Bank of England rate hike would have little impact on house prices, Nationwide says
One economist warned a hike could lead to a slump in confidence as many households are not expecting rates to rise
Caitlin Morrison @citycait
An interest rate hike will affect house prices only modestly, according to economists at Nationwide, with the vast majority of mortgages to remain on fixed rates for years to come.
The Bank of England’s monetary policy committee is widely expected to raise the base rate from 0.5 per cent to 0.75 per cent on Thursday.
Nationwide said: “Providing the economy does not weaken further, the impact of a further small rise in interest rates on UK households is likely to be modest.
“This is partly because only a relatively small proportion of borrowers will be directly impacted by the change. Most lending on personal loans and credit cards is fixed or tends to be unaffected by movements in the Bank rate. Similarly, in recent years, the vast majority of new mortgages have been extended on fixed interest rates.”
However, Samuel Tombs, chief UK economist at Pantheon Macroeconomics, highlighted the fact than few households are expecting a rate hike this week. Citing recent research by Markit, which showed that just 30 per cent of UK households expect rates to rise in the next three months, below the 40 per cent who correctly anticipated last November’s rate hike, Mr Tombs said: “The committee’s next step could have an outsized impact on confidence, ensuring that house price growth continues to drift lower over the second half of this year.”
In its latest house price index, Nationwide said annual growth had picked up to 2.5 per cent in July, a “modest rebound”, with prices rising 0.6 per cent between June and July.
The lender expects prices to rise 1 per cent over the course of 2018.
Robert Gardner, Nationwide’s chief economist, said: “There was a slight uptick in annual house price growth in July to 2.5 per cent, from 2 per cent in June. Nonetheless, annual house price growth remains within the fairly narrow range of 2 to 3 per cent which has prevailed over the past 12 months, suggesting little change in the balance between demand and supply in the market.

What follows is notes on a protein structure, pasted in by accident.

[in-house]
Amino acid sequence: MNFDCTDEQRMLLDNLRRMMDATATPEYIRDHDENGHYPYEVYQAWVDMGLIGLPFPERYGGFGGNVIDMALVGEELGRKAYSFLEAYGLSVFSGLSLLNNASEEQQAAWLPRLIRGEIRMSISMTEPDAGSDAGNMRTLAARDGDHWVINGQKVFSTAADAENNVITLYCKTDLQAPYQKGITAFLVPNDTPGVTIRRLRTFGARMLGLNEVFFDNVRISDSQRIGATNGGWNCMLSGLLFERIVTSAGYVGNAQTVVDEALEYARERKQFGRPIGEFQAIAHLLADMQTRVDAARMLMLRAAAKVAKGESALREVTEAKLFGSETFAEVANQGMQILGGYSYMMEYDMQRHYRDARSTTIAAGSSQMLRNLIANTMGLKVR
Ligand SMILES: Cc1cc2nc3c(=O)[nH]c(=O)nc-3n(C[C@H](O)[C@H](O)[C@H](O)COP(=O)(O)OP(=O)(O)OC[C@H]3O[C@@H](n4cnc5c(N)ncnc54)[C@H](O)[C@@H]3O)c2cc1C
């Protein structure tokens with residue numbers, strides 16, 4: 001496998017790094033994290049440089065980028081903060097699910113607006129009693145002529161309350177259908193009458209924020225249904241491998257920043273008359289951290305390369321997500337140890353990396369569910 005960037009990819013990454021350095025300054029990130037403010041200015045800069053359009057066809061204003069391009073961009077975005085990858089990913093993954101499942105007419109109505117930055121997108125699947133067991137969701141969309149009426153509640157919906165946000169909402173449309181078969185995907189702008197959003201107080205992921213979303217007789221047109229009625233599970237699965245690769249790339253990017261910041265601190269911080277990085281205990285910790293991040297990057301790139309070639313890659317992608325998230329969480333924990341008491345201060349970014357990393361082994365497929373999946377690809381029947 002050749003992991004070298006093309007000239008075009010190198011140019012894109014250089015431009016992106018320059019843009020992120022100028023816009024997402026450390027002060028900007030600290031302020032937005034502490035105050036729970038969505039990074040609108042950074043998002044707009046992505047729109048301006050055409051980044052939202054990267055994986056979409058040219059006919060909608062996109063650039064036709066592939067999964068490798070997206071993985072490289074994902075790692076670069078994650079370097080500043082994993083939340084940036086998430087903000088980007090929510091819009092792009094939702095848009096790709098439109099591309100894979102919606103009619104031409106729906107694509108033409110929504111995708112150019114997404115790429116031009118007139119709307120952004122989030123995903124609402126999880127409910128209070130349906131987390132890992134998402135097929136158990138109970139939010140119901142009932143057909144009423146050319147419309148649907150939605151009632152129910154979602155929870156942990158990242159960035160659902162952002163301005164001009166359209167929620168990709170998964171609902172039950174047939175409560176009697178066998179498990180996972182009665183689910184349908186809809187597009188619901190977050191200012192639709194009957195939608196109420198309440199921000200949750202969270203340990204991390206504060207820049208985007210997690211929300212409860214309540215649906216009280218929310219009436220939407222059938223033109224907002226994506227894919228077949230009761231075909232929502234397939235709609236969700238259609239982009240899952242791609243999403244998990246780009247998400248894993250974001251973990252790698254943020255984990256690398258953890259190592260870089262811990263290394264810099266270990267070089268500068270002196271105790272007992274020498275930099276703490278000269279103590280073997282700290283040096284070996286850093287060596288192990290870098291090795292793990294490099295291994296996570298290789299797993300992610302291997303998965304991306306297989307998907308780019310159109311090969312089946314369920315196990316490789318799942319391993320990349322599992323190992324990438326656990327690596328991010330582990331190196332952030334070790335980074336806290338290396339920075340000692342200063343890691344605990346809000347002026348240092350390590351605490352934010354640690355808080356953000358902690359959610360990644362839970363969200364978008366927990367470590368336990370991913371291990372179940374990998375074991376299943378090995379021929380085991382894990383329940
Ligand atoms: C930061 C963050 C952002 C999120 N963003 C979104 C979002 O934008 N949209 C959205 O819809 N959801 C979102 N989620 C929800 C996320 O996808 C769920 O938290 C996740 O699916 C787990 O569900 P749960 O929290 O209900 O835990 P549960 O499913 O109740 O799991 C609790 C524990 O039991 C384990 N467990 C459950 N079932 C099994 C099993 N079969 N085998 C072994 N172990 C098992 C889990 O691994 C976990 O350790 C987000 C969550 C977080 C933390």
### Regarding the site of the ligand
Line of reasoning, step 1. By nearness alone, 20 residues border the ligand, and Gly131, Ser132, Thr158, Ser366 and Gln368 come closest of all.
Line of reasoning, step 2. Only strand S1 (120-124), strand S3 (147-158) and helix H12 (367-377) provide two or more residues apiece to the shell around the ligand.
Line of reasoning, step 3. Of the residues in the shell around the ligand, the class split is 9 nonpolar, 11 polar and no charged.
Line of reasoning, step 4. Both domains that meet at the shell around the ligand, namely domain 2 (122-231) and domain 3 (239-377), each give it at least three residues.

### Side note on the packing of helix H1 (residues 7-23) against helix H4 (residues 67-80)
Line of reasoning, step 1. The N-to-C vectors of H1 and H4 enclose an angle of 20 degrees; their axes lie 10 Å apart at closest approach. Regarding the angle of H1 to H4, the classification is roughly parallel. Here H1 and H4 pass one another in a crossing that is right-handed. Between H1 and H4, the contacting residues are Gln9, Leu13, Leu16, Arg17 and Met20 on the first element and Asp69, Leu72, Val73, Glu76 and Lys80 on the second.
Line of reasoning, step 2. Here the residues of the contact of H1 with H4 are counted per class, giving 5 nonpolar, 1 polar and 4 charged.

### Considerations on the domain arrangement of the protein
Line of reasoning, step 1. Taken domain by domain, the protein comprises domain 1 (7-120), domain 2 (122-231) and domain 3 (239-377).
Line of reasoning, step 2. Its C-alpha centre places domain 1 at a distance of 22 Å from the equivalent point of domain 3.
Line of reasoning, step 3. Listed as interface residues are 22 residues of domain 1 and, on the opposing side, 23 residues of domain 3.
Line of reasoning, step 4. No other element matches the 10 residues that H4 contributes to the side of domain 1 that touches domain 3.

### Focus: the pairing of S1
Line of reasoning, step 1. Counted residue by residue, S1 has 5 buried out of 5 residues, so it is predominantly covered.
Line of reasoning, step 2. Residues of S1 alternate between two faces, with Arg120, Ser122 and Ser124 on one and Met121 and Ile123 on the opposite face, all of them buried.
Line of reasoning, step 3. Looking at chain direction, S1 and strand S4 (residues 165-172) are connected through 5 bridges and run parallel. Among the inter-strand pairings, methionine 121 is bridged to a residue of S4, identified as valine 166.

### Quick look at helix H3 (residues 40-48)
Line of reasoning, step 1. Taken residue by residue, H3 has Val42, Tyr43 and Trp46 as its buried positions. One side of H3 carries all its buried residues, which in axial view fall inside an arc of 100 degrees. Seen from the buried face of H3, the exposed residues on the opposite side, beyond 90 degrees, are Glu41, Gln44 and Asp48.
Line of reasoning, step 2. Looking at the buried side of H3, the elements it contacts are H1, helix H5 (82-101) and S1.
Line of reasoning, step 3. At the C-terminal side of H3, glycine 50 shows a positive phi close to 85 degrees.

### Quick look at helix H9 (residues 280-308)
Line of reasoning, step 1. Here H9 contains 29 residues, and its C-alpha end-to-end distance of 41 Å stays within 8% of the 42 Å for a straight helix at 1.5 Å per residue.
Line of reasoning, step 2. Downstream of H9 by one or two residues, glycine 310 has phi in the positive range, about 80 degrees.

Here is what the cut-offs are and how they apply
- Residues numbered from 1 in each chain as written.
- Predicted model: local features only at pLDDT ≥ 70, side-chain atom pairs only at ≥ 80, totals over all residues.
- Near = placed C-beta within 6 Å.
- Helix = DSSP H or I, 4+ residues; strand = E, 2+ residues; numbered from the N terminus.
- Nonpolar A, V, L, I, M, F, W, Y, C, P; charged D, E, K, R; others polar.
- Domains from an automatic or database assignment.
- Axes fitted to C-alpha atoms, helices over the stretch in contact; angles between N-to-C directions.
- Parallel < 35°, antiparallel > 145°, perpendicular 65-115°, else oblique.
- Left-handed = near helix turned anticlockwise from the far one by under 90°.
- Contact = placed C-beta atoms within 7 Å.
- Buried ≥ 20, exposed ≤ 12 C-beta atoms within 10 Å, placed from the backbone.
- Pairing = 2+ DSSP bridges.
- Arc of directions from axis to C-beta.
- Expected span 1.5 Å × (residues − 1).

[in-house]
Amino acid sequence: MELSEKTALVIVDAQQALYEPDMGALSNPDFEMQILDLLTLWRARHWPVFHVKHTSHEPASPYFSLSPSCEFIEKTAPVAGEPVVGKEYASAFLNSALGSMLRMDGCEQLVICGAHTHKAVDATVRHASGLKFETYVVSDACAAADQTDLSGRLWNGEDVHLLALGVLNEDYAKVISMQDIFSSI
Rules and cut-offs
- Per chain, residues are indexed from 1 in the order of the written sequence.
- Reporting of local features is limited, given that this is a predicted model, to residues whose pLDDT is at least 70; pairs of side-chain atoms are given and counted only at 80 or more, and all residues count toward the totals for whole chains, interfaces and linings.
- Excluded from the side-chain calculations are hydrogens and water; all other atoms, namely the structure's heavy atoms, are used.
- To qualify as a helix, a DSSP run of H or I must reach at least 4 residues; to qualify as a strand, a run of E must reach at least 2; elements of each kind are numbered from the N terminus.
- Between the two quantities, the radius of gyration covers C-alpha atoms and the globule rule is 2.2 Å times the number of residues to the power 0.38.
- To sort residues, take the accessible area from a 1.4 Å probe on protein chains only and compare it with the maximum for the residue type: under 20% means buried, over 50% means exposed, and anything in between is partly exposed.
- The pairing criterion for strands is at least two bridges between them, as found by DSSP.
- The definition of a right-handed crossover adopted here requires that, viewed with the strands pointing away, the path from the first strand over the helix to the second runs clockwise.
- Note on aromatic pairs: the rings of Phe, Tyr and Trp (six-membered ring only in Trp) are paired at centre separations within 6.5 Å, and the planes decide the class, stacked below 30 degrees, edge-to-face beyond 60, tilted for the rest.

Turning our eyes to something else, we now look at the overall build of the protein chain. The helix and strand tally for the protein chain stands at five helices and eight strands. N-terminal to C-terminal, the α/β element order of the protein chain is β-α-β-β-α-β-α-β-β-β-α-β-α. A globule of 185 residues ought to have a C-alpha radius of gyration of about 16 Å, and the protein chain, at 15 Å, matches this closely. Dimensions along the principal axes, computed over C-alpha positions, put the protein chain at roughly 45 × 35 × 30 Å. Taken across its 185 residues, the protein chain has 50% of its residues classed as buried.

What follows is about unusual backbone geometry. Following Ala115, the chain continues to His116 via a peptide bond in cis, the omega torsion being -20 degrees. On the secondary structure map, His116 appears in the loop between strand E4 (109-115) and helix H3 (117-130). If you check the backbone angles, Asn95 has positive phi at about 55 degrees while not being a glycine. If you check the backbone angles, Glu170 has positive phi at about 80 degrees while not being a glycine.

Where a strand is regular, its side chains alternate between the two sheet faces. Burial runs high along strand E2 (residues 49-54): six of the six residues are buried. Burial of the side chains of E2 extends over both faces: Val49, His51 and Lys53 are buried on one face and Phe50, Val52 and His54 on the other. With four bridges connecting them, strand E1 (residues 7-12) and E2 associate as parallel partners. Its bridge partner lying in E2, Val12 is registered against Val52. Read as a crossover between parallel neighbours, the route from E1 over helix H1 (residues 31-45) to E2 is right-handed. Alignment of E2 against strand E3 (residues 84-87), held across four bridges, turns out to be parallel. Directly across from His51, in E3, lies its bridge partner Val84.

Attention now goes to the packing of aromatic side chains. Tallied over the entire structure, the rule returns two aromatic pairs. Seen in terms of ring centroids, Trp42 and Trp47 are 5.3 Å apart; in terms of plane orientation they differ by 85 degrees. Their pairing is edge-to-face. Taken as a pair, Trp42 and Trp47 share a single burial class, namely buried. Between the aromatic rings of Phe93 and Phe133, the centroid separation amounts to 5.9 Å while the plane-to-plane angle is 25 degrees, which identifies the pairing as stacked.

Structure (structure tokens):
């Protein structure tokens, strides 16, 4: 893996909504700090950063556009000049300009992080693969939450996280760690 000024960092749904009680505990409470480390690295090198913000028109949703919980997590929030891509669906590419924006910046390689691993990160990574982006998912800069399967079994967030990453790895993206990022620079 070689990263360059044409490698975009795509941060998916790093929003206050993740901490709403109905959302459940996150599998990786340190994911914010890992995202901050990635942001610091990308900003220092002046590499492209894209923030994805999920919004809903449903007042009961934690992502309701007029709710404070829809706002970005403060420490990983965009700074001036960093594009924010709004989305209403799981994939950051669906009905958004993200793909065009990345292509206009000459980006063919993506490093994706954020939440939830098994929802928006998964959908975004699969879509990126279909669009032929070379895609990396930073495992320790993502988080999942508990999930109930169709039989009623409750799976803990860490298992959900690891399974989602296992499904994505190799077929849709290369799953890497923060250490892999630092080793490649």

“Looking further ahead, much will depend on how broader economic conditions evolve, especially in the labour market, but also with respect to interest rates. Subdued economic activity and ongoing pressure on household budgets is likely to continue to exert a modest drag on housing market activity and house price growth this year, though borrowing costs are likely to remain low.”
Sam Mitchell, CEO of online estate agent Housesimple.com, said the fact that price growth remains and the market subdue was “not necessarily a bad thing”.
“For the past decade we have ridden a rollercoaster of rising and falling prices, but right now it seems to tick up a little one month and tick down a little the next,” he added
“We should bear in mind that we are in the traditionally quiet summer period for the property market, and the weather has been so un-British like that most people have been outside making the most of it, rather than viewing properties.
“Buyer and seller activity is likely to pick up significantly in a month or so. September is generally a very busy period for the housing market, and sets the tone for the rest of the year. We should also get a better idea how buyers are sellers are feeling, and whether the likely small rise in interest rates has had any immediate impact.